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There are over 1170 posts on this blog. Please use the search bar below to search the blog for other posts on a subject in which you are interested. You can also click on the "label" at the end of a post and all posts with that label will show up. At the very bottom of this page is a list of all the labels I've used.

Even if you find one post on the subject, I've posted a lot on basic beekeeping skills like installing bees, harvesting honey, inspecting the hive, etc. so be sure to search for more once you've found a topic of interest to you. And watch the useful videos and slide shows on the sidebar. All of them have captions. Please share posts of interest via Facebook, Pinterest, etc.

I began this blog to chronicle my beekeeping experiences. I have read lots of beekeeping books, but nothing takes the place of either hands-on experience with an experienced beekeeper or good pictures of the process. I want people to have a clearer picture of what to expect in their beekeeping so I post pictures and write about my beekeeping saga here. Along the way, I've passed a number of certification levels and am now a Master Beekeeper! Enjoy with me as I learn and grow as a beekeeper.


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Sunday, May 18, 2008

The Best Part of Young Harris

Obviously the best part of the Young Harris Beekeeping Institute is sharing information and getting to know beekeepers from Georgia and surrounding states.

Here's my fun lunch group from the last day. We had a great time at the lunches. (The food leaves something to be desired but the company is well worth hanging out in the cafeteria.) We all shared the experience of the day with each other. I didn't take pictures at the most fun event which was the shrimp boil held at the Georgia Mountain Fairgrounds on Friday night. The food is really delicious there and the people are all more relaxed because we're through with all the tests.



Tests? Yes, the Beekeeping Institute is put on by the University of Georgia and The Young Harris College. Most people come to try to get certification at some level. You can take the beginner level - which is Certified Beekeeper. That's what I did last year. The next level is Journeyman (must have two years of beekeeping under your belt) followed by Master Beekeeper and Certified Master Craftsman Beekeeper (those two take at least five years). I believe that Bill Owens is the only Certified Master Craftsman Beekeeper in the state of Georgia. Also available at Young Harris Beekeeping Institute is a class to certify Welsh Honey Judges.

I took the Journeyman tests both written and practical and turned in my proof of the required five public service credits I had earned.

I sweated bullets. I was pretty sure I had passed the written test, but the practical test included some entomology that threw me for a loop. So I wasn't feeling very hopeful as I sat down at the end-of-the-institute convocation.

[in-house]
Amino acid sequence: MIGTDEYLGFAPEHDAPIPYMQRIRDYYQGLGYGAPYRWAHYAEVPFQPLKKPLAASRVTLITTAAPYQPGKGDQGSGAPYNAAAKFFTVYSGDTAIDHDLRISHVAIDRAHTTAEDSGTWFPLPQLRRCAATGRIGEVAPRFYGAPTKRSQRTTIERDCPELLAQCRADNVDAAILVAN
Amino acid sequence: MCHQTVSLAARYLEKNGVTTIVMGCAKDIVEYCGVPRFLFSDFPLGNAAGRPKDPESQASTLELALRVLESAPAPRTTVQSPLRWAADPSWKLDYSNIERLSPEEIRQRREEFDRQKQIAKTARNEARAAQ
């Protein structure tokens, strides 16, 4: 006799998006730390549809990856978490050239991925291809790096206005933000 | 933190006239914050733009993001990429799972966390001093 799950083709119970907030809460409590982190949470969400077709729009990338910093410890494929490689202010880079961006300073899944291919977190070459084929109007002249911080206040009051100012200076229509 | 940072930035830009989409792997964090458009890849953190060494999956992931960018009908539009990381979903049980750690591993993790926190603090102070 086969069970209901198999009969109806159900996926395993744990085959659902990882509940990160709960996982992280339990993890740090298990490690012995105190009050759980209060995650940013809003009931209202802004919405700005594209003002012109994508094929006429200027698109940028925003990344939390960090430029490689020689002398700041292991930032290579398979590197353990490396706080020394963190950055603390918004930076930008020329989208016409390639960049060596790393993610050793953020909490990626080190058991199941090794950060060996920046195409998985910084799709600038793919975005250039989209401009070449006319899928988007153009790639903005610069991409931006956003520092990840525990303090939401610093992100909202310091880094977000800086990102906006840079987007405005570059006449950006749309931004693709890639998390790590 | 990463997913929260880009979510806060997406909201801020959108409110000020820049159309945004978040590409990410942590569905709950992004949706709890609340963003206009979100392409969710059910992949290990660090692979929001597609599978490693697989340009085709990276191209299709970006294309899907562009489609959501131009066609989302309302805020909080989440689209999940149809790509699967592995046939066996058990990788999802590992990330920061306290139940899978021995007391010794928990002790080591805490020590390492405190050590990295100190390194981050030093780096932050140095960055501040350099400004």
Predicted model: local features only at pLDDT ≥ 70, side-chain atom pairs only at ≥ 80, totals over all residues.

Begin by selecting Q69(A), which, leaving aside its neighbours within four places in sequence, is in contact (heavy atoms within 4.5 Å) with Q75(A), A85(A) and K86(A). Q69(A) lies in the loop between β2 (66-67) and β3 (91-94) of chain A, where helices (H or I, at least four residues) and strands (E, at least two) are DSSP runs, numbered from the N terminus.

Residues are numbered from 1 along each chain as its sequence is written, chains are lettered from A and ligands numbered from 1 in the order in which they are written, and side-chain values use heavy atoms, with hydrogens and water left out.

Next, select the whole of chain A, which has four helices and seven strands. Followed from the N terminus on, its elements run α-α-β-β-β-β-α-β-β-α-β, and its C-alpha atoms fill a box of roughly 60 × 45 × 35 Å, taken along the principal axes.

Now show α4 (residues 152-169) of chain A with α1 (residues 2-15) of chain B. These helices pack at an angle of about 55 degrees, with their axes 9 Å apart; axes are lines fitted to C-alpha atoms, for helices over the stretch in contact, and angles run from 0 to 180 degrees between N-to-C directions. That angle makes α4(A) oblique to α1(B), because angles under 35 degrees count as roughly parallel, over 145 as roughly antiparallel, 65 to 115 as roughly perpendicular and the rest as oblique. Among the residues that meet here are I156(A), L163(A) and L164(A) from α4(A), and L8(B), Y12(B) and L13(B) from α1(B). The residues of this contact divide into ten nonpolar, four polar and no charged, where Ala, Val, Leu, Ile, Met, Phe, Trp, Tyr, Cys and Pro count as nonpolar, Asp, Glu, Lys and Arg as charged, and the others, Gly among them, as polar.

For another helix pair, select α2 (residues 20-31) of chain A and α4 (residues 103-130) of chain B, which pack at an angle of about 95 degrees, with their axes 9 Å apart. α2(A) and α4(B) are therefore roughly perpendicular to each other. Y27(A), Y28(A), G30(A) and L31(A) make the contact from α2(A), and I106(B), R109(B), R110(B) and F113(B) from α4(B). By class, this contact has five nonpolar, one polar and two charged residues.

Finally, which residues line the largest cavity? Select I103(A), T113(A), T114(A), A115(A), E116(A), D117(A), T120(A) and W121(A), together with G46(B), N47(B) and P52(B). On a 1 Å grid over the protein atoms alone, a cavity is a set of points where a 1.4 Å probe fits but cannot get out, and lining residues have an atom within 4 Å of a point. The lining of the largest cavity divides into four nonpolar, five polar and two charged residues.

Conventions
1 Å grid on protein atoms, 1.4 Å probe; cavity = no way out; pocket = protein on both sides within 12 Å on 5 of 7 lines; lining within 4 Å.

When Dr. Delaplane called out the name of the person who had passed the Journeyman level, I was not that person, so I sat back in my chair and thought, "OK, maybe I'll try again next year."

Then after a pause, I heard Dr. Delaplane announce, "And Linda Tillman." I was thrilled. He commented that this blog influenced my certification, so thank you to all of you who come to read about my beekeeping adventures and comment on my efforts.



I keep a statcounter on the numbers of people who visit each day and now it averages 300/day from all over the world. Since January 1, 2007, Google reports that 1,989 people have watched my video on crush and strain harvesting and 2,848 people have watched the one on how to make a solar wax melter. Thank you all for your interest and for visiting so often.



I also entered the photograph below in the photography section of the honey show and it won second place. What a great day for me all the way around!

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7 comments:

  1. Bill Owens11:47 PM

    Linda!

    I'm soooo happy that you are now a CERTIFIED Journeyman Beekeeper. I hope you continue to work towards your Master Beekeeper Certification.

    Thanks for all the work you do on this blog. I have enjoyed it all.

    Humbled and honored, your friend

    Bill Owens
    Master Craftsman Beekeeper

    ReplyDelete
  2. Dear Linda:

    Whoowee!!!! I'm really thrilled by your news. You're the bomb of bees!

    Love,
    Beth

    ReplyDelete
  3. Anonymous12:15 PM

    Linda,

    Congratulations! I am so proud of your certification as a Journeyman Beekeeper.

    Love,

    Teri

    ReplyDelete
  4. Anonymous6:49 PM

    Linda,

    You know how I feel about you and you have made beekeeping just a wonderful experience for me.

    I always refer to your videos and have recently made the most beautiful beeswax based on your solar wax melter.

    You deserve this certificate due to all your hard work here on this blog.

    Thanks again for being such an inspiration to me

    Sincerely
    Annette from Placerville, California

    ReplyDelete
  5. Anonymous9:13 PM

    Fantastic Linda - you certainly deserve this award - well done !!

    There is not a day that goes past that I don`t pop into your blog ..

    Ngaio NZ

    ReplyDelete
  6. Anonymous11:40 AM

    Well, there was no doubt in my mind!
    Of course you past! and congratulations with it!!
    With the amount of work you put into this blog it's a wonder that you still have time for a (real) job ;)

    Love the adventure!!

    kindest regards (from Copenhagen, Denmark)

    Warren

    ReplyDelete
  7. Hi Linda, Congratulations! Your blog is fascinating. I just found it. Love your beesuit, too. Best wishes, Sandra from Atlanta

    ReplyDelete

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